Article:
Andrew Mercado: Tangle.

Nicole Brady: SBS, Jenny Brockie show, think it is called Insight – so hidden I have forgotten the title.

STARS OF THE YEAR: Don Hany, Richard Roxburgh, Asher Keddie, Justine Clarke
Colin Vickery: Shaun Micallef – this year Talkin’ ‘Bout Your Generation really hit its straps and it is because the show more than ever allows Shaun to just do whatever comes into his head.

James Manning: Paul Murray became a hot property late in the year. [Disclaimer: I am a part-time guest on PM Live. Bridie Barry, Janine Perrett and Peter Switzer – all on Sky Business [Er, ok been on their shows too!]. Brooke Corte and Ashleigh Gillon (Sky News). Just about every guest chef on MasterChef. Richard Reid on Nine’s Today show. Jason Dunstall on Fox Sports – for another hilarious year – is there a more entertaining sports commentator working on TV?

Amanda Meade: Matt Preston, Tony Jones, Dave Hughes.

Holly Byrnes: Best new talent hands down Peter Maddison on Grand Designs. Effortless on camera with a genuine warmth. Laurie Oakes, the big man of news still lead the election agenda. Masterful.

Richard Clune: Richard Roxburgh, Adam Zwar Jessica Marais, Firass Dirani, Don Hany, Asher Keddie, Justine Clarke.

Andrew Mercado: Richard Roxburgh, Don Hany, Kat Stewart, Justine Clarke, Asher Keddie, Louie Spence (Pineapple Dance Studios).

Nicole Brady: Asher Keddie – both for Hawke and Offspring.

TOMORROW: Part II: The Worst in Aussie TV, plus the Trends of 2010.

17 Responses

  1. Spirited was my favourite – the ending was a bit flat but it was the only must-see show except to the new series of Doctor Who – I thought Moffatt and Smith really delivered the goods!

  2. The best and yet mostly underrated and unwatched show on tv this year came from Channel gem: The Big C. About a lady who has discovered that she has cancer, this show is very funny and yet at times very sad. It revolves around this dying lady’s family and friends, and shows the repercussions or her keeping her sicknesss to herself. The only thing I hate about this show is that when it ends I have to wait another week to see another episode!!

  3. Community definitely needed a shout as best Overseas show. Languishing on GO!, it’s probably my favourite show ever at this point. Consistenly brilliant – just did their Christmas episode entirely in stop-motion clay-mation. So good.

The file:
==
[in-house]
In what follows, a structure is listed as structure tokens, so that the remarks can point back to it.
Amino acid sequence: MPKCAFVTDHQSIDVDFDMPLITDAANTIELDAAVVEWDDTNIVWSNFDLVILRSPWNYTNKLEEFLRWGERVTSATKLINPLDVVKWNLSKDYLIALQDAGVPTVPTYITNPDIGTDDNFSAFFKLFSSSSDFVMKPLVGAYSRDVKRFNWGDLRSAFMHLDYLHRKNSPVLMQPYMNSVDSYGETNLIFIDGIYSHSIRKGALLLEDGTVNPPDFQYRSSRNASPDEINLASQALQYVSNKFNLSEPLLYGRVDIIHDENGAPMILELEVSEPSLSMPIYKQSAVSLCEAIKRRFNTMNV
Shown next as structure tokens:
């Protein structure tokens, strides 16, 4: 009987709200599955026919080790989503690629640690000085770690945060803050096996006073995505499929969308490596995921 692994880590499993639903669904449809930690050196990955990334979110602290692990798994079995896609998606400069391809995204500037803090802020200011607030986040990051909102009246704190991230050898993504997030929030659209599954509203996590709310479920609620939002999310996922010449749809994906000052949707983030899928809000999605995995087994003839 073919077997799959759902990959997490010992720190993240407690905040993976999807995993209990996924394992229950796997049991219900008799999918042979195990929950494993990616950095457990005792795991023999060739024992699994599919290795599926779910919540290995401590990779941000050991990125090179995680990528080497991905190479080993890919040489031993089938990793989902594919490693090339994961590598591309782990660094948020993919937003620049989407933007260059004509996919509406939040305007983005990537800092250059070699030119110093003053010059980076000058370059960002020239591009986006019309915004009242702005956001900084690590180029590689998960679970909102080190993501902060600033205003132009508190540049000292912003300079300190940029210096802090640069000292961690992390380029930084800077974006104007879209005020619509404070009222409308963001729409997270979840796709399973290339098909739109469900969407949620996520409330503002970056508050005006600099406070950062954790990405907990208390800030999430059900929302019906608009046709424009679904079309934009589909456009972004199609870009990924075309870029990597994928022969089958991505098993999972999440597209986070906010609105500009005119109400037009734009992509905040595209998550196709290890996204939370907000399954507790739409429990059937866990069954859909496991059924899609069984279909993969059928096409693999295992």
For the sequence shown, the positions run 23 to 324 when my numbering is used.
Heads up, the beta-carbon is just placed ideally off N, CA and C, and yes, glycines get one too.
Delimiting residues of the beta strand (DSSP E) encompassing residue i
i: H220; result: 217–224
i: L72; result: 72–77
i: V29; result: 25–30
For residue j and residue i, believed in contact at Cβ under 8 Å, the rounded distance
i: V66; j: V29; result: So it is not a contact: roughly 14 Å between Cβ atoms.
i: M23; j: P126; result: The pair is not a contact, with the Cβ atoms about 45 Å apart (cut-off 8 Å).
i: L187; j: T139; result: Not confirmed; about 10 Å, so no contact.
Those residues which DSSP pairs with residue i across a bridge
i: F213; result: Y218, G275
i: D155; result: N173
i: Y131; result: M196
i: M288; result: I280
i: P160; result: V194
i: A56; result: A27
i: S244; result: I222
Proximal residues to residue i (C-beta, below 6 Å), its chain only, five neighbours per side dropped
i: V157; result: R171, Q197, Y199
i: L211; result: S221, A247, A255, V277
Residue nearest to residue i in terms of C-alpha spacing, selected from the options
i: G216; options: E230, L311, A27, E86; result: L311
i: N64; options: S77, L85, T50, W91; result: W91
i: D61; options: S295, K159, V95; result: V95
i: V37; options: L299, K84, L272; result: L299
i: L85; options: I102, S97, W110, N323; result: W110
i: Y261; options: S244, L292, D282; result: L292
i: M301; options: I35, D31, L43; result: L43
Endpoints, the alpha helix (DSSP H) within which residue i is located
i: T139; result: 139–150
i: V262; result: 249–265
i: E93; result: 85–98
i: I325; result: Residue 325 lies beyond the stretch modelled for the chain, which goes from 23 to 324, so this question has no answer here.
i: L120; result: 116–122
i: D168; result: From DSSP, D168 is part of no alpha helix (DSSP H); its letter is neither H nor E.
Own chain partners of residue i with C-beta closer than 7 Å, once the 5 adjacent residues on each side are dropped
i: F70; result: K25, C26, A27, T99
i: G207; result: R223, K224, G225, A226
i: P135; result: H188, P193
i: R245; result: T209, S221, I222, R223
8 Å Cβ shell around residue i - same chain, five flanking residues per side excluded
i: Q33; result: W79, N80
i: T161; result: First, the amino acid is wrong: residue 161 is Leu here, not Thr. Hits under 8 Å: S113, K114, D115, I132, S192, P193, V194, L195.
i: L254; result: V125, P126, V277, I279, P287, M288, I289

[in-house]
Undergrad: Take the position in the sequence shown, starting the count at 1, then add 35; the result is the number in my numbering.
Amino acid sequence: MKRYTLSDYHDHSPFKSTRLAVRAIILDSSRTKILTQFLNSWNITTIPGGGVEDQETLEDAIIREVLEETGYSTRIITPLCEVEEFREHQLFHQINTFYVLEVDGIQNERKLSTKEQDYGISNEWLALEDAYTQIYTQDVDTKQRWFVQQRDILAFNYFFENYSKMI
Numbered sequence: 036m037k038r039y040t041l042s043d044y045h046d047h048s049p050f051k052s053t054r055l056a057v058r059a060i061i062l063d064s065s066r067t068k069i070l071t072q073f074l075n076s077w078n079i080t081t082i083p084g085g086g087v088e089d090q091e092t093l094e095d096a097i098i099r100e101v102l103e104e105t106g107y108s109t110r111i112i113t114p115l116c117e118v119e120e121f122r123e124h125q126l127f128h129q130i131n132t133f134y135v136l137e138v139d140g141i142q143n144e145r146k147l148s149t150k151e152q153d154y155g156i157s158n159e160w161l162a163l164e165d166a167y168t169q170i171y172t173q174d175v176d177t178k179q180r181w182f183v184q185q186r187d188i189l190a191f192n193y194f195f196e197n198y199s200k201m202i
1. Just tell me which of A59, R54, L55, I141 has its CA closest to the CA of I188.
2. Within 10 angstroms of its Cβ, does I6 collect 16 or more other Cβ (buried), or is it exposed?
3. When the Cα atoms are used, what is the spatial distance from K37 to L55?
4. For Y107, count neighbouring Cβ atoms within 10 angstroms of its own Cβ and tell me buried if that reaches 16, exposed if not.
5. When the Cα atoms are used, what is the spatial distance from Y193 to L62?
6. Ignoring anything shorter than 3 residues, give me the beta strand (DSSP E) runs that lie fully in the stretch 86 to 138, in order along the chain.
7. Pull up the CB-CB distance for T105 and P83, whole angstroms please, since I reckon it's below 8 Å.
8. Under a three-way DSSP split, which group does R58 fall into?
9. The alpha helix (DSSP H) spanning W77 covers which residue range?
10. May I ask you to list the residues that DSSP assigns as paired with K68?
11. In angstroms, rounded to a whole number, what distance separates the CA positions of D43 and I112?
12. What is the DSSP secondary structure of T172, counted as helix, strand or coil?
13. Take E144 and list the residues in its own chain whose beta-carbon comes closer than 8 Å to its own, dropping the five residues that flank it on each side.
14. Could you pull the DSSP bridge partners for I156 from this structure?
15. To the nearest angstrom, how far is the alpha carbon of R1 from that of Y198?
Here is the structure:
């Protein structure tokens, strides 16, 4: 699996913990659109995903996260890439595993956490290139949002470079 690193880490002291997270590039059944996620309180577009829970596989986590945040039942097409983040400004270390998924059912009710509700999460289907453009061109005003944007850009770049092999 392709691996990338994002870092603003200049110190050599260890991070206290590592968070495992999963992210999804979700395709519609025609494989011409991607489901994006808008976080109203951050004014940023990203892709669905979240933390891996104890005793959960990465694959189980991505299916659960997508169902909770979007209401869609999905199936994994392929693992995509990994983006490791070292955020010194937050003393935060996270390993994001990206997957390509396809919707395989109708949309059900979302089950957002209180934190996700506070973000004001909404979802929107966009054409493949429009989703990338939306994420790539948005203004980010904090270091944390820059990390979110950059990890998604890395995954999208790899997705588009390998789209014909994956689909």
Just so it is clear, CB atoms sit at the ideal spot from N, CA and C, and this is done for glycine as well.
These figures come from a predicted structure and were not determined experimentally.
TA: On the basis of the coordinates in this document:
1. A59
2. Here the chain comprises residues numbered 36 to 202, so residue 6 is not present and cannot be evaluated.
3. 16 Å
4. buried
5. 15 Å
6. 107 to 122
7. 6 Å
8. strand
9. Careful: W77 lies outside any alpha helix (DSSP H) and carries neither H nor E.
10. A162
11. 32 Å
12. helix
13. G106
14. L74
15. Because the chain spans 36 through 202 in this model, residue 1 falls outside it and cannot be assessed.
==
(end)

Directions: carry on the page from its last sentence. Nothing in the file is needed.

4. @DavidA, completely agree. I wonder how Spirited may have fared if Channel 10 had been the broadcaster and gotten behind it the way they did Offspring … I think it might have done very well.

    @Ed, nothing wrong with appreciating beauty, whether the compliment comes from a man or a woman. Sexist would be saying Ms Marais had a great set of t*ts.

  5. I thought Spirited deserved more respect from the critics. Claudia Karvan + Matt King delivered the best performances on any tv show this year!
    Nice to see kudos for Offspring + Tangle though!

  6. I haven’t missed an episode of Offspring and I agree that there are indeed a few eps that kinda stunk, but the rest of the show is bloody awesome! Both Kat Stewart, Asher Keddie and the rest of the ensemble are great. Asher really does well in a role that is ultimately quite unlikeable (annoying).

    She got my vote for the Gold Logie (though Emma Booth would have been my first choice).

  7. I don’t often bash shows but I don’t think offspring or Asher keddie are that great. There I said it. The telemovie premiere was great I thought we were in for a great show but then it just went downhill. I’ve been catching up on the latter eps that I recorded hoping it would get better but it didn’t.

    And Asher is a bit like Vince colossimo great in one role but then they are spoiled by overexposure. Give someone else a shot.

  8. While offspring definitely has potential I think it’s first season had far to many misses to be named best new show of 2010!
    It producers can get it right and make some drastic character and plot changes for season 2 it just may be good enough for this accolade next year but not now.

  9. Apart from Offspring, I think they are spot on. I tried to watch Offspring but I think it misses the mark. I’m sick of stories of women with good jobs acting like idiots to try and get a man. Give them a bit more credit. I have trouble remembering the name of this show so it clearly missed the mark with me.